Revolver has teamed up with One Step Closer for an exclusive vinyl variant of This Place You Know on "solid purple with heavy white splatter" wax. There're only 250 copies available — order yours before they're gone!
Over the last couple of years, there's been a growing cadre of noteworthy hardcore bands who are trading in the metallic heaviness that dominated the last decade for a more melodic and emotionally pained style of music. Groups like Fiddlehead, Mil-Spec and Restraining Order are among this cluster, but the Wilkes-Barre quintet One Step Closer are at the forefront — and they're currently poised to be one of the biggest new bands in hardcore writ large.
Today (June 29th), One Step Closer have announced that their highly anticipated debut album, This Place You Know, will arrive later this fall, and we're proud to be premiering the music video for its lead single, "Pringle Street."
From the first 15 seconds, it's immediately clear that One Step Closer are fans of their local elders in Title Fight, who were based in Kingston, PA, just five minutes across the bridge from Wilkes-Barre. "Pringle Street" is reminiscent of the raggedy, emotionally felt melodic hardcore that Title Fight mastered on their landmark album Shed, but it also has traces of bands like Have Heart, Bane and even One Step Closer's personal heroes, Turning Point.
It's anxious, scraggly and gritty, but it's also extremely anthemic and easy to envision being screamed back by hundreds of kids in a packed club. Named after the street that frontman Ryan Savitski lived on during the writing of the record, it's an ode to feeling stuck both mentally and physically — a feeling all of us can relate to after the last year.
In the accompanying video, the band let it all out by performing in a field, busting some skate moves, setting off fireworks, spraying graffiti and all sorts of other mischief. Check it out above via YouTube.
This Place You Know is due out September 24th via Run For Cover Records. Revolver has an exclusive vinyl variant on "solid purple with heavy white splatter" wax available in our shop. Grab yours now.
Additionally, we spoke with Savitski about the vision he had for This Place You Know, the "Pringle Street" video, the meaning behind the song and more. Read along below after the jump.
This Place You Know track listing:
"I Feel So"
"Lead To Gray"
"Leave Me Behind"
"Home for the Night"
"Time Spent, Too Long"
"As The City Sleeps"
MUSICALLY, WHAT WAS YOUR GOAL OR VISION GOING INTO THIS PLACE YOU KNOW?
Going into this record I wanted to take the best aspects of From Me To You and build those out even more. I really wanted to make these songs feel tightly structured and have good sing-along parts throughout. When we wrote From Me To You, I think we were worried about not sounding hardcore enough, if that makes sense? For This Place You Know, we didn't hold ourselves back and did whatever felt natural. I think that brought out the best in us and helped us accomplish the vision we had going into it. I truly think we found our sound with this record and it feels good.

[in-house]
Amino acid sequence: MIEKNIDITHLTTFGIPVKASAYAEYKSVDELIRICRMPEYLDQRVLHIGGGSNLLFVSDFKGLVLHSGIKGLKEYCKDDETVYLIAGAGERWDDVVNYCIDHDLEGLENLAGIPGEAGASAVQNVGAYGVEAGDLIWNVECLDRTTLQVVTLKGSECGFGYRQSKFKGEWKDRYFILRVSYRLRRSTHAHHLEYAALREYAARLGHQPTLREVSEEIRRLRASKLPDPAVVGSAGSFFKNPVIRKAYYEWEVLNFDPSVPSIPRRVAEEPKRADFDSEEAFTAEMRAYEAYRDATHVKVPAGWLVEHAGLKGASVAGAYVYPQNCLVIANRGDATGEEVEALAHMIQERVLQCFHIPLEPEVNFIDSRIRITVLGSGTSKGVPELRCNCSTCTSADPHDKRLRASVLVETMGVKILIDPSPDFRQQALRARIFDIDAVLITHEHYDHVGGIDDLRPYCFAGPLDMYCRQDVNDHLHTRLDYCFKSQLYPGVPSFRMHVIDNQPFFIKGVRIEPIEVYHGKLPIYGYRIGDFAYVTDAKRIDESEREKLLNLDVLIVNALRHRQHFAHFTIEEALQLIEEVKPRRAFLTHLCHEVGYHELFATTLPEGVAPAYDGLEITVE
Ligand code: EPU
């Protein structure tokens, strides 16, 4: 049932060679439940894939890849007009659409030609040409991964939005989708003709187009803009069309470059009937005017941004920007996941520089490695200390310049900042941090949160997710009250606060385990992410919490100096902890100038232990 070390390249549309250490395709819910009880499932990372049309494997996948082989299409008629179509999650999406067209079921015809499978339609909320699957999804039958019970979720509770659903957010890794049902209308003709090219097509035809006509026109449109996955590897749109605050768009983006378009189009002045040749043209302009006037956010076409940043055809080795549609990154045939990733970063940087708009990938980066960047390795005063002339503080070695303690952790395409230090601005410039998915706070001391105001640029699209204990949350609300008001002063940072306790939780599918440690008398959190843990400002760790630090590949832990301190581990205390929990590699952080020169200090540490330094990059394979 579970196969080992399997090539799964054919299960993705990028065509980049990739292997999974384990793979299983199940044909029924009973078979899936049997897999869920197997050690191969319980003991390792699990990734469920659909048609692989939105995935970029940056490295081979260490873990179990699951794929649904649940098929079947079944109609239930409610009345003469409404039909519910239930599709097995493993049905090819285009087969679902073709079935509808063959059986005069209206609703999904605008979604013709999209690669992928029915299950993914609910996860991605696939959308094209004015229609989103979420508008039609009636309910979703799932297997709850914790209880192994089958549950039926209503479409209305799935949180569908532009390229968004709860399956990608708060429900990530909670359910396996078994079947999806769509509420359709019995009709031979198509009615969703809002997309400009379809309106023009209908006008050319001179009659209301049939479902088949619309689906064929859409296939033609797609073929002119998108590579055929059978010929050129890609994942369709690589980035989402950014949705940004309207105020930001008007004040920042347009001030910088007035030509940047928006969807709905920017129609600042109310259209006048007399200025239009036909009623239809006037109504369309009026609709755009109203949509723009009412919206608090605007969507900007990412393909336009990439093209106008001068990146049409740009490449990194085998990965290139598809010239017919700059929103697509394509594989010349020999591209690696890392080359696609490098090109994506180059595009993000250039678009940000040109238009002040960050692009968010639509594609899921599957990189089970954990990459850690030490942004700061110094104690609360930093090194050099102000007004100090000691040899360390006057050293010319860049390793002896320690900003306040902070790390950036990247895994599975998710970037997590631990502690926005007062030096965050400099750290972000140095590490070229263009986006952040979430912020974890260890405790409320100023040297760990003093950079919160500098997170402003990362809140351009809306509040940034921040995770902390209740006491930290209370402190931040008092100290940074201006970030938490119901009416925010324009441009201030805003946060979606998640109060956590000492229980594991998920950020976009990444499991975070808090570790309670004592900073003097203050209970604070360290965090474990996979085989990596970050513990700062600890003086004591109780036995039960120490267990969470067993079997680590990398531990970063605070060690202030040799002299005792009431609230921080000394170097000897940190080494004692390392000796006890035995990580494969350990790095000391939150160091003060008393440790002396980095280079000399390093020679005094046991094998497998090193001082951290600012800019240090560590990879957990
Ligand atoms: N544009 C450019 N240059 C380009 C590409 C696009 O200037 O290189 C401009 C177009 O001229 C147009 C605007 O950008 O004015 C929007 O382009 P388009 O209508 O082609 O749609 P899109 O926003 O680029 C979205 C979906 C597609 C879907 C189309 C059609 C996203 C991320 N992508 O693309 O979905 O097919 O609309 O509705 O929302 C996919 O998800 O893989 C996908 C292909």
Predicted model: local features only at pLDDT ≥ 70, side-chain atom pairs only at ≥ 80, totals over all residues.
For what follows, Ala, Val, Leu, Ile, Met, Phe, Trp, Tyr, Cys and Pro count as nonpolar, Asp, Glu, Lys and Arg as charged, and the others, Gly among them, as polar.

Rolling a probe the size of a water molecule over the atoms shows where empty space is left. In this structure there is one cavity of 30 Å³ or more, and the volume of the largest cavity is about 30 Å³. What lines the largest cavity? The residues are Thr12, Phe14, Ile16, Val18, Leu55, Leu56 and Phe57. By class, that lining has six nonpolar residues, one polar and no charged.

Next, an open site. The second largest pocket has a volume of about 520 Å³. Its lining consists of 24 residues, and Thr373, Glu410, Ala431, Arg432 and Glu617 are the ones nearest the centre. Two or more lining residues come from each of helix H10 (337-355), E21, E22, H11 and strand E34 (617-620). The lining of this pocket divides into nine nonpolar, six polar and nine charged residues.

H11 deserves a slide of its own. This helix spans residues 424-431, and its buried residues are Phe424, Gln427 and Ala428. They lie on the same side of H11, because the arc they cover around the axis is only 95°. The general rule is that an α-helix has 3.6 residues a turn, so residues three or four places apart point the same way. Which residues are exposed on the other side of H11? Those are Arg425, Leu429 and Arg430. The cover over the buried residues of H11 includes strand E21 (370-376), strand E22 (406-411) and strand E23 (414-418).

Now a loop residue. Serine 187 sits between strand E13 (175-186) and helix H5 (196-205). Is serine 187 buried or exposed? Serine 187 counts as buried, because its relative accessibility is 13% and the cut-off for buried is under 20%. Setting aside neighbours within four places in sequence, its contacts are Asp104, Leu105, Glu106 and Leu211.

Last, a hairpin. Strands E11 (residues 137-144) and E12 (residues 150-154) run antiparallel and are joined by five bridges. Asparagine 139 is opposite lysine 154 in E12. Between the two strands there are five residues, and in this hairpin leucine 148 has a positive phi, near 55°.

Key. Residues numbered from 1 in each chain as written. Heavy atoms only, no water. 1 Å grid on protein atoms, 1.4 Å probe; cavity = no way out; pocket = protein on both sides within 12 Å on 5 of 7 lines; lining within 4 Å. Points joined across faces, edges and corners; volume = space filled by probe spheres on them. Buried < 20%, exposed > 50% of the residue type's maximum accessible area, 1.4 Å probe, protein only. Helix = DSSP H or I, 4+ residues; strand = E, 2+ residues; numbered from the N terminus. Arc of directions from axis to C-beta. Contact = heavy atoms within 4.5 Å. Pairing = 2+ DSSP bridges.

ARE THERE ANY RUNNING LYRICAL THEMES OR MOTIFS THROUGHOUT THE ALBUM? IF SO, WHAT INSPIRED THEM?
The whole lyrical structure of the record is based around events that were happening while writing. I was at a very low point in my life and it helped to get my emotions out through the music. There are a lot of lyrics about loss, sadness, and the feelings of being stuck somewhere that you aren't attached to anymore. It's a sad record but we wanted to write something that was genuine to what we were feeling at the time. I think everyone has a connection to it because of that, it's like everyone in the band took a piece of themselves and put it into the record.
TELL ME ABOUT "PRINGLE STREET." WHAT MAKES THAT SONG SPECIAL IN THE OSC CATALOG?
"Pringle Street" was the perfect track to release as the first single because it captures a little bit of everything that the new record has to offer. There's a bit of singing with the yells and more guitar leads that pop out more than what we have done in the past. Also, it has a stronger structure and a lot of layering in general, which was something we hadn't done as much till now. It feels like a complete song to me. I think "Pringle Street" shows our growth as a band and gives a good insight on what's to come.
TELL ME ABOUT THE DIRECTION YOU TOOK THE SONG'S MUSIC VIDEO IN. ANY FUN/INTERESTING STORIES FROM THE SET?
Our guitar player Ross [Thompson] had a whole concept with the video but once we started filming and editing started taking place, it got changed around a bit. It ended up just being more of a fun video showing that you can still have a good time during quarantine. We ended up filming all around my neighborhood and various places around our area. For the full band shots, we did it in this big field that is in front of the high school I went too. We played through the song once and immediately had a cop outside of the school yelling at us, but we ignored it and played through the song a few more times. This was the first time we've ever done a music video and everyone had a blast doing it.
WHAT'S ONE THING YOU WANT PEOPLE TO KNOW ABOUT THIS PLACE YOU KNOW BEFORE THEY HEAR IT?
This record is pure self expression in all aspects. I know everyone in the band is super proud of how it turned out and we can't wait for everyone to hear it.